The ProTour's final stage race is the Tour of Poland where Johan Van Summeren (Predictor-Lotto) takes the overall victory by attacking with 20km of the final stage into Karpatz remaining. He takes the stage by 23 seconds over Rabobank's Robert Gesink and 32 over T-Mobile's Kim Kirchen, and that's how the final podium looks. This after the first stage team time trial is neutralised due to atrocious weather conditions, and the Liquigas team put its stamp on a race that begins with domination by the sprinters.
Speaking of sprinters, Robbie McEwen (Predictor-Lotto) takes a record breaking fourth win in Paris-Brussels. He beats Jeremy Hunt (Unibet) (now where have I seen that team before?) and Honorio Machado Perez (Tenax Salmilano) in what must be one of his favourite races by now.
At the Holland Ladies' Tour, Kristin Armstrong, riding for the US National Team, puts in a storming performance in the final stage time trial to take the overall victory from Judith Arndt (T-Mobile). Arndt's teammate Linda Villumsen takes third in the time trial and the overall in a race that's otherwise dominated by the sprinters.
The final round of the Women's World Cup is the Rund um die Nürnberger Altstadt and carries double points toward the overall series. This means that Nicole Cooke's 80 point lead over Marianne Vos is not insurmountable. Unfortunately for the British champion, a recurrence of the knee injury that has plagued previous seasons prevents her from contesting the race properly and Vos' win over Ina Teutenberg (T-Mobile) and Regina Schleicher (Nürnberger Versicherung) gives the Dutch woman final victory in the competition that Cooke has led since Geelong, back in early March. A magnanimous Cooke ends her season here, and once again undergoes surgery on her troublesome knee.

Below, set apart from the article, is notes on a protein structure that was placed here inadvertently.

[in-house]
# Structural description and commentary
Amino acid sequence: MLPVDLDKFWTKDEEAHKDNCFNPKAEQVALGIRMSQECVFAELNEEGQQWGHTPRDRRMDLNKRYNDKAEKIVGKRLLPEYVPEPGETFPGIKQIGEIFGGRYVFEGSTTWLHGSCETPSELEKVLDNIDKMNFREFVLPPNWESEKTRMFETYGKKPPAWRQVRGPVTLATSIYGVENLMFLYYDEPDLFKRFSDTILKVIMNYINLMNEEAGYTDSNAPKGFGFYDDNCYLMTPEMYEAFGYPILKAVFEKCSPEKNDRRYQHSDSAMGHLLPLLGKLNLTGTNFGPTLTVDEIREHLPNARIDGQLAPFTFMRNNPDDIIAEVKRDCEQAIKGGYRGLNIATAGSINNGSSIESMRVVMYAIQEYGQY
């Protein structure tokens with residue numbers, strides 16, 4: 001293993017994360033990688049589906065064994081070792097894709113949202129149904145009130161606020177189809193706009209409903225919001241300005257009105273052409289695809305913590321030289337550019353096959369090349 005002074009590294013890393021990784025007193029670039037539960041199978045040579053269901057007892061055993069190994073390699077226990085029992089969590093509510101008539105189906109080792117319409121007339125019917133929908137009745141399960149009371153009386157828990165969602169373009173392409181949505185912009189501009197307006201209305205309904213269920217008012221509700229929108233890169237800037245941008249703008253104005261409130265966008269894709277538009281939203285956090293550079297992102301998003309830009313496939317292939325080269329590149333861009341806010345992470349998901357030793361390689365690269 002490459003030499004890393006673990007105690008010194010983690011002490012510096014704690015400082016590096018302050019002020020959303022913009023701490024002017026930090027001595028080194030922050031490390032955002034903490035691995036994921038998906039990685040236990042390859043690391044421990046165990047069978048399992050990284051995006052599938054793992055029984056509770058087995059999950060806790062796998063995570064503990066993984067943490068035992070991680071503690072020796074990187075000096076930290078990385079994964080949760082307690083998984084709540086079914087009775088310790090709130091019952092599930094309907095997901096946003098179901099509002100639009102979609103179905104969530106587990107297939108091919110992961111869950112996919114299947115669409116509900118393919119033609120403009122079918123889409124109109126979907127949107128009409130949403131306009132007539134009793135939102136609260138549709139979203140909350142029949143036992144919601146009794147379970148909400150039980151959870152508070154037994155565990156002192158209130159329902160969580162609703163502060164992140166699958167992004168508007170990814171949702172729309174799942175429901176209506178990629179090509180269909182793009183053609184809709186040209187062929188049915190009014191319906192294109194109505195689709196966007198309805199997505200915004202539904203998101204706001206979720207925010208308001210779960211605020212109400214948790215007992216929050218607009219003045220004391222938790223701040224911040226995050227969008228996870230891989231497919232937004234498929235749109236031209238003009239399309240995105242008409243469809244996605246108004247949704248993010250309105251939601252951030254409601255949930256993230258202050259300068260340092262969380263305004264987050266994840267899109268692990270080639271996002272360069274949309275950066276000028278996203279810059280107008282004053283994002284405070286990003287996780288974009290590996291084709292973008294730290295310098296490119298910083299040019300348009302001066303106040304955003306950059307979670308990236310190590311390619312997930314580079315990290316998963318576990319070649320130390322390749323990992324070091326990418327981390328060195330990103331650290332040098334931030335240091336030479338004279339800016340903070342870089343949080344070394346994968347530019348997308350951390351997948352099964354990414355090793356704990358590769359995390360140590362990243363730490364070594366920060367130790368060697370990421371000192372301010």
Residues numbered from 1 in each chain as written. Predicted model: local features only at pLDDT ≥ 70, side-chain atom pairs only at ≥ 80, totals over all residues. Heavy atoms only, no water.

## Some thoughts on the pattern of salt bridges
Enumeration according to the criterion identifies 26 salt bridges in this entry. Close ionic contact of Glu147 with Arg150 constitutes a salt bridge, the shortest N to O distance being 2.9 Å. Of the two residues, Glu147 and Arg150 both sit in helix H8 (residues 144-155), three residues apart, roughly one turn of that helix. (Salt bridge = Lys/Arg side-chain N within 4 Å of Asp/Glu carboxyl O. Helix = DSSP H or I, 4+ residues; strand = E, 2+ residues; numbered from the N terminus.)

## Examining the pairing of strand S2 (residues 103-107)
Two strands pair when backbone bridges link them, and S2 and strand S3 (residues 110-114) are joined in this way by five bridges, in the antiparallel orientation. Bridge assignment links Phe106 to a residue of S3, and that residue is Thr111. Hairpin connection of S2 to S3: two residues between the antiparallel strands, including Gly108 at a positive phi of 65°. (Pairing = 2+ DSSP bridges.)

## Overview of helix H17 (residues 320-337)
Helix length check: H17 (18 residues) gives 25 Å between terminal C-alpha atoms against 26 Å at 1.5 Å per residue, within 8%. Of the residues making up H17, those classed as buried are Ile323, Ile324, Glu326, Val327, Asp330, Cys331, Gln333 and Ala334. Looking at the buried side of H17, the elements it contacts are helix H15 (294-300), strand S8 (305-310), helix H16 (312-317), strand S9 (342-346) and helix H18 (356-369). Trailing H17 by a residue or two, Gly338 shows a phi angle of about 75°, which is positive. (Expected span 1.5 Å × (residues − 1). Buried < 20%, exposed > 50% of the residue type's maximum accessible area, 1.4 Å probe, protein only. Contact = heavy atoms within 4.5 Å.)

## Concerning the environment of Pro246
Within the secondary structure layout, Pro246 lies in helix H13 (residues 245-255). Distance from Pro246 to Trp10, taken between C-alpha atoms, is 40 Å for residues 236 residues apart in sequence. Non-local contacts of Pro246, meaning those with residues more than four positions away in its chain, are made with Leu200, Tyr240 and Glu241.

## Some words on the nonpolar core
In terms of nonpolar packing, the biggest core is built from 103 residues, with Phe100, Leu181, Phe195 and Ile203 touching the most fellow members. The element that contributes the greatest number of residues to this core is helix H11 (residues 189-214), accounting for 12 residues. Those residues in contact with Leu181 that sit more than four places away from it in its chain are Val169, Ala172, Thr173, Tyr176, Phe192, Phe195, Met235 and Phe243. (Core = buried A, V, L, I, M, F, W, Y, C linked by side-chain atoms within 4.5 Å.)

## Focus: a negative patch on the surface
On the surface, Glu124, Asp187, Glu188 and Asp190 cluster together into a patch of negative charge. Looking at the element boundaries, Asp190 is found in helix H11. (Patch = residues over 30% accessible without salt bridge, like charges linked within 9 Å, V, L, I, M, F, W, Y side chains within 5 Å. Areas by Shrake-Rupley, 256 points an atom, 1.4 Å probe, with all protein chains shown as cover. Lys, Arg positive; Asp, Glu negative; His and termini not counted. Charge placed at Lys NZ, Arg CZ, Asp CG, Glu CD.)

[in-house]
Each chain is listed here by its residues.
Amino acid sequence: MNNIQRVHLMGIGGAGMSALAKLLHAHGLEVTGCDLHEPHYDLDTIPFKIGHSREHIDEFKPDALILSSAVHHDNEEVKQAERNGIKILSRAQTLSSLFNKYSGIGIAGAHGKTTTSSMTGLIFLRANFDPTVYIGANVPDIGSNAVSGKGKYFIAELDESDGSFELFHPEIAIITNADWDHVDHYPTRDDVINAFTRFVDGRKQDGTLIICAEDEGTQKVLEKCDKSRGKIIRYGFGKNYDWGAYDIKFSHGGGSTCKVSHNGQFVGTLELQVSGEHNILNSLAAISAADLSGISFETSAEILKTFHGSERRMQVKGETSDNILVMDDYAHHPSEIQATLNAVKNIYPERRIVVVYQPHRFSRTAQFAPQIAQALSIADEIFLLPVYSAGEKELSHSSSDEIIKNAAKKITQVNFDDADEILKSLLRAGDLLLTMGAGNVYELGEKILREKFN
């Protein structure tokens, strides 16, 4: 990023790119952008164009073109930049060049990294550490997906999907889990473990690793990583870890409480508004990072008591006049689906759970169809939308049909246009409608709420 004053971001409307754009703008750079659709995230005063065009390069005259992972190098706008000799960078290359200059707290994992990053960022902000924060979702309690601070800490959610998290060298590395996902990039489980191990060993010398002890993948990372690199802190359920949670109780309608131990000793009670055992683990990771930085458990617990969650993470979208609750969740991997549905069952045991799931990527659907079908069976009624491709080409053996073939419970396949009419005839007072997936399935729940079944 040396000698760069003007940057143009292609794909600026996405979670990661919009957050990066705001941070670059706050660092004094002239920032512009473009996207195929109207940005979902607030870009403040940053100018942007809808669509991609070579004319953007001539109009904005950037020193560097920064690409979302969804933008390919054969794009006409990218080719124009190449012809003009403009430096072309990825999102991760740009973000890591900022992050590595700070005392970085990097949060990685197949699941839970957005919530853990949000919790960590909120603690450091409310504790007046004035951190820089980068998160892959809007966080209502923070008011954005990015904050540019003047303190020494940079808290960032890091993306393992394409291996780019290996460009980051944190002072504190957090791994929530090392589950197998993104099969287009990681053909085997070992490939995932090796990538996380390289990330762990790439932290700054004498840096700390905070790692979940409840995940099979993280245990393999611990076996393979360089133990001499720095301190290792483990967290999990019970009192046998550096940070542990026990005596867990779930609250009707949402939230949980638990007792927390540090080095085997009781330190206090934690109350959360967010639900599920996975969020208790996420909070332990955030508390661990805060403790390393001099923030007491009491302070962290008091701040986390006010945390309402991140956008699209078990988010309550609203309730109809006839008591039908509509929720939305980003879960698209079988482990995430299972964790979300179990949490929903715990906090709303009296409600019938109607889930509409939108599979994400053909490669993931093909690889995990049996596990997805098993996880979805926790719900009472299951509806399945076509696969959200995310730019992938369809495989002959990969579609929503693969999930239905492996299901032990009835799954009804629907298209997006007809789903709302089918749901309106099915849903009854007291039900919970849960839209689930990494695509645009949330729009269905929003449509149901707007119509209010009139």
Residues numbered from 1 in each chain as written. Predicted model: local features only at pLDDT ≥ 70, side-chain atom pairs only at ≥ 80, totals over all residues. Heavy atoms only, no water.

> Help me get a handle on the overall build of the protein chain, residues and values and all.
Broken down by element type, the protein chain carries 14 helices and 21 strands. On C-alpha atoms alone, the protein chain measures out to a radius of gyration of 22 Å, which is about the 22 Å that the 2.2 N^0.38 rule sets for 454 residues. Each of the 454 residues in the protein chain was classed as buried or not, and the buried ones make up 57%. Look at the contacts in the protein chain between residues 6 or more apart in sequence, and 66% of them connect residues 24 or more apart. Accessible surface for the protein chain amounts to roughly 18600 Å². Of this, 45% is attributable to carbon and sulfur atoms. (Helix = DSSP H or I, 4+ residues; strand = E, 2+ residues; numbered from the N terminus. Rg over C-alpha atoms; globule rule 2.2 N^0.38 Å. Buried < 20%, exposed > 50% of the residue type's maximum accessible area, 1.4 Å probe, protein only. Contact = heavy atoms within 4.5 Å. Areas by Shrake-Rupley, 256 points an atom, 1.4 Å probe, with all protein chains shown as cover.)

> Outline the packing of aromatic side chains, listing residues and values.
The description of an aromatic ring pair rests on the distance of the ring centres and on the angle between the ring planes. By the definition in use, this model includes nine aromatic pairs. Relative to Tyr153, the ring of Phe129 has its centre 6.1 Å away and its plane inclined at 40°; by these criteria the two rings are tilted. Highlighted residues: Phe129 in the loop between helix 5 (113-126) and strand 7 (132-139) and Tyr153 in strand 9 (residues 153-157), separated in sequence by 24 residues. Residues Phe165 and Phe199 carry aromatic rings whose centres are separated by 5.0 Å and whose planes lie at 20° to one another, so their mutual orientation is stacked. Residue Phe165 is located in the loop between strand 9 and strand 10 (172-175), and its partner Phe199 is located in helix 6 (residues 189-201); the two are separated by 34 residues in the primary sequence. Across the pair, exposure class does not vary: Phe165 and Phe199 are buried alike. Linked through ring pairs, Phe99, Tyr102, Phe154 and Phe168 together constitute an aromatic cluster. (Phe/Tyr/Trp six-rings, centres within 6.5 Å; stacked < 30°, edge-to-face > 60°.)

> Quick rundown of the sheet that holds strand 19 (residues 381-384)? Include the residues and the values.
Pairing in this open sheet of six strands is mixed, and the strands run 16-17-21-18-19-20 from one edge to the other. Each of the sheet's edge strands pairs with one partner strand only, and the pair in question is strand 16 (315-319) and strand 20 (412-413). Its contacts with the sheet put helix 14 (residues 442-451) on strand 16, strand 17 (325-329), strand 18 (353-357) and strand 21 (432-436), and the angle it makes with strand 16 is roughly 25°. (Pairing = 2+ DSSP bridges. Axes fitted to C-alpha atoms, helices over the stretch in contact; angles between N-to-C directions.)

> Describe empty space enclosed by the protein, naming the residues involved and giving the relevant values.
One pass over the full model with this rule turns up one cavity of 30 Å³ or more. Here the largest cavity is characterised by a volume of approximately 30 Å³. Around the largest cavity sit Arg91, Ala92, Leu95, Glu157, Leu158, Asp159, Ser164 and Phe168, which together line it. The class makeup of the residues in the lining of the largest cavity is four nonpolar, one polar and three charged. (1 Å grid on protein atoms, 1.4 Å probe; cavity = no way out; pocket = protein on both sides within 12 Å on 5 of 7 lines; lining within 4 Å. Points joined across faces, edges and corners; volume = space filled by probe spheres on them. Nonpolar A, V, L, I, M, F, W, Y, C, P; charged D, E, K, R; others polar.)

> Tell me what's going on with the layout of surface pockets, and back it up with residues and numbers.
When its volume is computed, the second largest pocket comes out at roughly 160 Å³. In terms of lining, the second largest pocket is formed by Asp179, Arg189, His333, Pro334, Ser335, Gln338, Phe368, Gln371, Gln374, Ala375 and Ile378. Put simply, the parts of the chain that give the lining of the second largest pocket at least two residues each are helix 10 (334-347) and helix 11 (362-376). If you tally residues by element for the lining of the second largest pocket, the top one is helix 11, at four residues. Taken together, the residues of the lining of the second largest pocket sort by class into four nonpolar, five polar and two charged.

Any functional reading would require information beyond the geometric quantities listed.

Off the road, the arbitrators close the Landis case, the world expects a verdict 'imminently'. After a short delay, the world is finally put out of its misery as the panel votes two to one against Landis' appeal and he receives a two-year ban from the sport. Oscar Pereiro (Caisse d'Epargne) is proclaimed the winner of the 2006 Tour de France.
The city of Stuttgart – organisers of the World Championships – decide that they don't want anyone to take part who's involved in any ongoing drugs investigation. To this end they manage to prevent Danilo Di Luca from taking part as he's still subject to CONI's Oil for Drugs investigation that has been going on since 2004.
In an unprecedented result, the rainbow jerseys in both men's events go to last year's winners – and both of last year's women's champions get silver. An incredible display of time trialing power from Switzerland's Fabian Cancellara gives him victory by almost a minute over perennial medallist Laszlo Bodrogi of Hungary, and a surprise bronze medallist in the shape of Dutchman Stef Clement.
Paolo Bettini's Italian team once again rides a perfect race for their capitano in the men's road race. By being part of the early attacks, they manage to blunt the speed of the other favourites' teams and their attack in the final laps by Davide Rebellin gives Bettini the luxury of being carried along by the others. A small group arrives at the finish together, but none have the kick to challenge Bettini, who aims a shot at his critics as he crosses the line. Alexandr Kolobnev of Russia takes silver and Germany's Stefan Schumacher – who comes from very near Stuttgart – takes bronze.
In the only race to be taken by the home team, former world cyclo-cross champion Hanka Kupfernagel takes gold in the women's time trial ahead of the 2006 winner Kristin Armstrong (USA). German-born Austrian Christiane Soeder takes her country's first ever women's world cycling medal with a bronze.
The women's road race turns into a tactical battle which is once again dominated by the Italians. Unsecured barricades fall into the field late in the race, taking many of the favourites out of the running including German Judith Arndt and Edita Pucinskaite. A last lap attack by Marta Bastianelli in the service of her sprinter captain Giorgia Bronzini proves powerful enough to keep her away for an unexpected victory. Behind her last year's champion Marianne Vos (Netherlands) beats Bronzini in the battle for silver.